As already explained, the target of this essay is to compare the differences in phonology of different English accents. It is hence necessary to clarify how exactly phonology is defined, and which phonological approach is referred to. Kreidler states that phonology deals with the way speech sounds are grouped into a system. This system represents the sound system of a particular language. Hereby, phonology sets the physical aspects of speech into relation with linguistic knowledge of grammar or vocabulary. Moreover, in his opinion, phonology regards the description and relevance of the pronunciation of a language and is concerned with questions on the constitution of differences in utterances. Utterances represent stretches of speech sounds with at least one tone unit and a silence before and after this tone unit (2004:5). After Cruttenden the traditional approach of phonology is via phonemics (2008:3). Phonemics is concerned with the analysis of segments of speech that bring a change in meaning. The following essay will focus on this approach in order to explain differences in the phonology of English varieties. In doing so, the phonemes of different varieties will be examined. A phoneme is a unit of sound which creates distinctive meanings in morphemes (Kreidler 2004:7). Whereas a phoneme produces a difference in meaning, a morpheme is the smallest unit of speech that already carries a meaning. Examples are the words run and gun. Both words are morphemes because they carry a certain meaning; however, the sounds of [r] and [g] are phonemes because they contribute to the meaning distinction of the words. Phonemes will be indicated by the following symbols throughout the essay: /r/, /g/. A phonemic inventory can be established for every language (Collins & Mees 2006:10).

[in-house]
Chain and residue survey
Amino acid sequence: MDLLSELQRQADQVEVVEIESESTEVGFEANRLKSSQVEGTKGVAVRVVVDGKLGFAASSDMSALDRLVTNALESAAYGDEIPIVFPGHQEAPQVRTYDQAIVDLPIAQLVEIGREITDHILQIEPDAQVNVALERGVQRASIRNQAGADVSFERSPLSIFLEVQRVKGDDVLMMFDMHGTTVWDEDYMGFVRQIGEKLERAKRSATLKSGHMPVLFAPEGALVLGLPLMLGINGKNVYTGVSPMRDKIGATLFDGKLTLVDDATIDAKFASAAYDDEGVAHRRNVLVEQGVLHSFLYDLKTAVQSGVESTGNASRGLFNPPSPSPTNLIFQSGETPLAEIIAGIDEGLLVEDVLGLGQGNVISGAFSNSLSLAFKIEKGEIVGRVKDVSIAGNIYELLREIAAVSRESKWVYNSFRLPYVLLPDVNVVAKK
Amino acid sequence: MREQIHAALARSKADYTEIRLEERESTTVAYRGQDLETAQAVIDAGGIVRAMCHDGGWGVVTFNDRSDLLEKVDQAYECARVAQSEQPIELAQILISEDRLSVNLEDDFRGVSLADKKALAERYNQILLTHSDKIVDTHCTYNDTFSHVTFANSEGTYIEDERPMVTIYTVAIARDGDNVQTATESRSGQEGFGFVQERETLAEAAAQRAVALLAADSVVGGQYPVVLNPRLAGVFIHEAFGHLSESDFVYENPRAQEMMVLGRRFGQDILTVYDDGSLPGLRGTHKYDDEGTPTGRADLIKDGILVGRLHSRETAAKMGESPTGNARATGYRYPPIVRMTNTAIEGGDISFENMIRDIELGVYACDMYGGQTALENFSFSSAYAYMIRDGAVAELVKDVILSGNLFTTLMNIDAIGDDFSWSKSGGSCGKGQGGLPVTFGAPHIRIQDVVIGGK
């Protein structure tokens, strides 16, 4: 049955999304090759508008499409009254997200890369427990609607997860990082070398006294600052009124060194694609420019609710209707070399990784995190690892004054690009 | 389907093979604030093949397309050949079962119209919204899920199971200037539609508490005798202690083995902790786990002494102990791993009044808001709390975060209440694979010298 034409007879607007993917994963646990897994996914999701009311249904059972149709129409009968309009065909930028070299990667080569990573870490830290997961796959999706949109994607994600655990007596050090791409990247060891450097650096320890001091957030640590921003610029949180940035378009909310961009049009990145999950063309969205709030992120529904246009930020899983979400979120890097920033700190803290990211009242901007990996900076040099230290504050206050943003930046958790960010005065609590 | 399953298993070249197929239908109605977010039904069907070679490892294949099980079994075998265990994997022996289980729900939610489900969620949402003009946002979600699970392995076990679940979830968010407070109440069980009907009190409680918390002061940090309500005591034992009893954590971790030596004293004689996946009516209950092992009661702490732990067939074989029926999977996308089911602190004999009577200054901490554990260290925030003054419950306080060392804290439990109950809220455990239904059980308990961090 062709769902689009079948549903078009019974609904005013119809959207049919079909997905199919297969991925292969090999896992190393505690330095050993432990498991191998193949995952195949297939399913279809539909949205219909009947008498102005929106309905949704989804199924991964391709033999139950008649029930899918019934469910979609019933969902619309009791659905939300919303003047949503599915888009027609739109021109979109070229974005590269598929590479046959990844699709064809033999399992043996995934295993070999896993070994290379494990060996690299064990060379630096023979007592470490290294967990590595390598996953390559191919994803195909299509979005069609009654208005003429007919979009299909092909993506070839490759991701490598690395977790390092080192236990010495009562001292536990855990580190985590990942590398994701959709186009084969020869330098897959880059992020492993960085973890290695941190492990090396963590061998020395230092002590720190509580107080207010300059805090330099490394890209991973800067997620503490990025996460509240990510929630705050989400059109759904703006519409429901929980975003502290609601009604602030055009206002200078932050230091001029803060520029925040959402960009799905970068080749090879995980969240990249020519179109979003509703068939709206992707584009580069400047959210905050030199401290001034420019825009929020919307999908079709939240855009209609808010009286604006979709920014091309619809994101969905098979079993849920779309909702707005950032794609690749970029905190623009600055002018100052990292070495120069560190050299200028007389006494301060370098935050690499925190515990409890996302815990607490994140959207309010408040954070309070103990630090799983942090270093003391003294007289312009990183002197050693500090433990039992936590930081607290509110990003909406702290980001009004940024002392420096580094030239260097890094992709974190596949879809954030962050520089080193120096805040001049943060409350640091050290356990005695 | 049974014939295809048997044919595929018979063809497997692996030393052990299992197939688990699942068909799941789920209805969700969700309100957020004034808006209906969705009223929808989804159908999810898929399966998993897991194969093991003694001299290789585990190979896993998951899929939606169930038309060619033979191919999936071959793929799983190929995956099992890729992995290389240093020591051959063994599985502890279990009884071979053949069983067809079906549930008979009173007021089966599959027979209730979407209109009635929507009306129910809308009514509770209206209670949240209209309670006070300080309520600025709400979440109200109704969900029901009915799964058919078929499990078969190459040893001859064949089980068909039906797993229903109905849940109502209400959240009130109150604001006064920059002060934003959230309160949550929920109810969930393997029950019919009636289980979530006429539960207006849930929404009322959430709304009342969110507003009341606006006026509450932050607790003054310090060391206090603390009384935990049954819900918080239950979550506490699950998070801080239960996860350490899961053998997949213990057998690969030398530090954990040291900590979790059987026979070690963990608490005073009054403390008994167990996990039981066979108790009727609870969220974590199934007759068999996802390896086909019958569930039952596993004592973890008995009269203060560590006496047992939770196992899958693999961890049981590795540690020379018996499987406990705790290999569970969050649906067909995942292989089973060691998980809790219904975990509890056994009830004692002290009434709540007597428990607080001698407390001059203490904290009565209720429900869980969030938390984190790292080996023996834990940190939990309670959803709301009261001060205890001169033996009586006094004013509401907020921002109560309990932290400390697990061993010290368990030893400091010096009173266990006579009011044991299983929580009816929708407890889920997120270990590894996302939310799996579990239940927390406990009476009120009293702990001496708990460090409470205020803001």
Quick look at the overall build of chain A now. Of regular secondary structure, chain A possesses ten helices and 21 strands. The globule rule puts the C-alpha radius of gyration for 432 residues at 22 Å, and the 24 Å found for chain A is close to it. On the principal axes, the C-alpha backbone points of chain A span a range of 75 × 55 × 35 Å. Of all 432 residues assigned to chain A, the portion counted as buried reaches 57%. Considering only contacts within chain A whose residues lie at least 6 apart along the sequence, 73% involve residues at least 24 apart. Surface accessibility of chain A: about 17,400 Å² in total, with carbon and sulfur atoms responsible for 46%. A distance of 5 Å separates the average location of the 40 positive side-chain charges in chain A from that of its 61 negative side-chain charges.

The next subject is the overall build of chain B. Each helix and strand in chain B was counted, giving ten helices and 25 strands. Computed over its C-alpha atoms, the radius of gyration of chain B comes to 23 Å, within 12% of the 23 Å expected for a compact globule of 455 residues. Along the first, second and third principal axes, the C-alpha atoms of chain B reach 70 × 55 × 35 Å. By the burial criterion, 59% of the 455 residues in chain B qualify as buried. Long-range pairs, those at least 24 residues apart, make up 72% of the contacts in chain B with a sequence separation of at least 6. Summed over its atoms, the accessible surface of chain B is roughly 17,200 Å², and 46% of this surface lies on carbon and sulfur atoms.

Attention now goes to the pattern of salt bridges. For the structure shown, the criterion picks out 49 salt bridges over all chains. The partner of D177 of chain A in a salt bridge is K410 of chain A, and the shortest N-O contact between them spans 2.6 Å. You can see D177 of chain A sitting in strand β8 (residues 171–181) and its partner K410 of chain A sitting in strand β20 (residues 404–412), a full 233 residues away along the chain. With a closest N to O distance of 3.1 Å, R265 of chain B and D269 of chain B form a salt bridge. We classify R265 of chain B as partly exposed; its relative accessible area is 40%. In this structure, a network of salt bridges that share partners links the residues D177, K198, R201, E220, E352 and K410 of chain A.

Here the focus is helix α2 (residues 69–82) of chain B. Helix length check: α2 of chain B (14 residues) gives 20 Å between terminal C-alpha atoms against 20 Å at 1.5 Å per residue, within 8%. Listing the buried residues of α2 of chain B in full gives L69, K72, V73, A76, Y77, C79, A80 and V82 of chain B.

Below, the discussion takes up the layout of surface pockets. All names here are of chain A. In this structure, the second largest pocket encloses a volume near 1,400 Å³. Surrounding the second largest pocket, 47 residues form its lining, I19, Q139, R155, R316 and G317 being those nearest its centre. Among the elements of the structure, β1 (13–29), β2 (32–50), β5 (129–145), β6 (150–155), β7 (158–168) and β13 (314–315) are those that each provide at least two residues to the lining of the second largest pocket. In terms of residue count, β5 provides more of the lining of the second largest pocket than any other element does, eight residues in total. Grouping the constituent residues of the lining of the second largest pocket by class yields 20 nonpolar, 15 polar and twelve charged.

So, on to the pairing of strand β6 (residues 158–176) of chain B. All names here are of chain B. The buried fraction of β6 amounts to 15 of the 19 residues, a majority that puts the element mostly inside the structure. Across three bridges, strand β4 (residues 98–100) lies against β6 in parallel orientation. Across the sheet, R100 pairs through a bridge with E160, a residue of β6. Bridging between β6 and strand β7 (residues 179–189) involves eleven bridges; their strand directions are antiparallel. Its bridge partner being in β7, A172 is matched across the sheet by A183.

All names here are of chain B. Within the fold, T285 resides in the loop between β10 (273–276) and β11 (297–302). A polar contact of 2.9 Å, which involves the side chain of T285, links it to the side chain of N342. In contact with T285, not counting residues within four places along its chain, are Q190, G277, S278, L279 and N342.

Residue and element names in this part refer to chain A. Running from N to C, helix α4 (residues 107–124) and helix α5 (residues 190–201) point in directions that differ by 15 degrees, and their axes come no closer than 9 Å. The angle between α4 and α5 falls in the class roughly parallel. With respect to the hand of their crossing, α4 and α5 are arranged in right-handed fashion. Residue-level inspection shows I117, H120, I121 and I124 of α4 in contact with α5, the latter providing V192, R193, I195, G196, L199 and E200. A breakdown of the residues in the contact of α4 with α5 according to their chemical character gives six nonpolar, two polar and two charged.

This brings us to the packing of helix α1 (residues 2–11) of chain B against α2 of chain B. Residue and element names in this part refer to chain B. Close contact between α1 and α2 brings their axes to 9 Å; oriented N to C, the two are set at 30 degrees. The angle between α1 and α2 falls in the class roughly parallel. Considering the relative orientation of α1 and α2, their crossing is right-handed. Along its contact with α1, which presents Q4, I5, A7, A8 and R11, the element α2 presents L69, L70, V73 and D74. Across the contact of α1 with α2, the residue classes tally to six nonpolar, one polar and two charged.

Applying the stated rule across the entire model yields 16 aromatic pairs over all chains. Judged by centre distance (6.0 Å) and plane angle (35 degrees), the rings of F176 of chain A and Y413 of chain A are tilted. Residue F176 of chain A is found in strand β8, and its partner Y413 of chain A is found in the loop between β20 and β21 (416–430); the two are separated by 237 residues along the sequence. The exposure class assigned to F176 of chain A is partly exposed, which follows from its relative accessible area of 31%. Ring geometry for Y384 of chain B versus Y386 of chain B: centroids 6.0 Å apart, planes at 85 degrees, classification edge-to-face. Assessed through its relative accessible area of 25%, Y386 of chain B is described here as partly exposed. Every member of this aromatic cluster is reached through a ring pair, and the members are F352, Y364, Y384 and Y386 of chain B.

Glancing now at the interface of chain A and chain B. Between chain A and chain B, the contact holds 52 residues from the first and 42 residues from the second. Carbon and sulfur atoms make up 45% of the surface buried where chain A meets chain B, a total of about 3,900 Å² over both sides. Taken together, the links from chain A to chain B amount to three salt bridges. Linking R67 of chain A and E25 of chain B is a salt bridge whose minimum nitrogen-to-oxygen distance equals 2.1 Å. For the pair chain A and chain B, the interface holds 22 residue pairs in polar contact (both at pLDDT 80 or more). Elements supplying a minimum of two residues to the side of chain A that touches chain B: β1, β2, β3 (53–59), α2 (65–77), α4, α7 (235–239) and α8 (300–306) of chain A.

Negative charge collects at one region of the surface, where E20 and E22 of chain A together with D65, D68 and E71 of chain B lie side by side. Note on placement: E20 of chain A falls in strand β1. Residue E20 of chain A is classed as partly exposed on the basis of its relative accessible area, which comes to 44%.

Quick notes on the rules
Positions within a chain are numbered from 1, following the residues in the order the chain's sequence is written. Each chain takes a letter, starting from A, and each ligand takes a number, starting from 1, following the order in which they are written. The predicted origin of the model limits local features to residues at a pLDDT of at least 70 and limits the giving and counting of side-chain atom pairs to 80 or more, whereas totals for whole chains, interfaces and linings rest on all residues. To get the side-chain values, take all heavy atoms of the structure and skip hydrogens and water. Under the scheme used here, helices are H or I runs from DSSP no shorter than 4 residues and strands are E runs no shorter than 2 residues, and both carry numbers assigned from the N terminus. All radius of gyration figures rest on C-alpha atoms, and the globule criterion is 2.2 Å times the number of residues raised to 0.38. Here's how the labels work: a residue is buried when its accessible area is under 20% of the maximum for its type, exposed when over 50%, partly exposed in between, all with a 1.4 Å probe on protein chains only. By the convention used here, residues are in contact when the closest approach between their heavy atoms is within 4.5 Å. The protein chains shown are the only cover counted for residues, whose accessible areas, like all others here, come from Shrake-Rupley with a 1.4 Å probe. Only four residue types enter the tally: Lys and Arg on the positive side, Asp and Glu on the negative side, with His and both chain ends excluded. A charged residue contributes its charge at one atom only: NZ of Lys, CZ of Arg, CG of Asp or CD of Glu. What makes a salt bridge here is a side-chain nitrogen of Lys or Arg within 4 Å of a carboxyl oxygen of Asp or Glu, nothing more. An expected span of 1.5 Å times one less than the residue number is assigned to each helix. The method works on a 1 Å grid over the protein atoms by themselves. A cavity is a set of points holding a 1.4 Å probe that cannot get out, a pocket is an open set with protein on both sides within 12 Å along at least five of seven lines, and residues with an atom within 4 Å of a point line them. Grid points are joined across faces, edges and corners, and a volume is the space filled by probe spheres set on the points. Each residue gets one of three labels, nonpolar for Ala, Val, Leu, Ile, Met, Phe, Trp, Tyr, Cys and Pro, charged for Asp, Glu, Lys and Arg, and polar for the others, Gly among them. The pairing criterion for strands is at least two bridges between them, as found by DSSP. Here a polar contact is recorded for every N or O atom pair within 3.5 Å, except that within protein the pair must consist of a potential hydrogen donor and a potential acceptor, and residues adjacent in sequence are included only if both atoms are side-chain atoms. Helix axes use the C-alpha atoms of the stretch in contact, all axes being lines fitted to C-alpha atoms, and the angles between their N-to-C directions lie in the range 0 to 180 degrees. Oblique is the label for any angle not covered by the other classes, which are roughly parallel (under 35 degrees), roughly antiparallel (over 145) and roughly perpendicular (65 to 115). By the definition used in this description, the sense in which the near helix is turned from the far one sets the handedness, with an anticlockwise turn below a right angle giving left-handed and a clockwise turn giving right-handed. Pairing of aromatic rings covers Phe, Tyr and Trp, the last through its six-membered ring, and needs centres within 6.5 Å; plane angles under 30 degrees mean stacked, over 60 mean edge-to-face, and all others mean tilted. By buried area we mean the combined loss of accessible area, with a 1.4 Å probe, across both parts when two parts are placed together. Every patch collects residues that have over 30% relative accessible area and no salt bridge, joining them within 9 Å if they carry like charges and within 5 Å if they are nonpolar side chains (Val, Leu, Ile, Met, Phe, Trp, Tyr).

Different phonetic realizations in the utterance of the same phoneme are called allophones. In other words, allophones are described as consistent variants of the same phoneme (Cruttenden 2008:43). A phonemic system can only be established with regard to one variety of one language since different varieties might reveal different realizations of phonemes and different distributions of phonemes in words (Cruttenden 2008:46).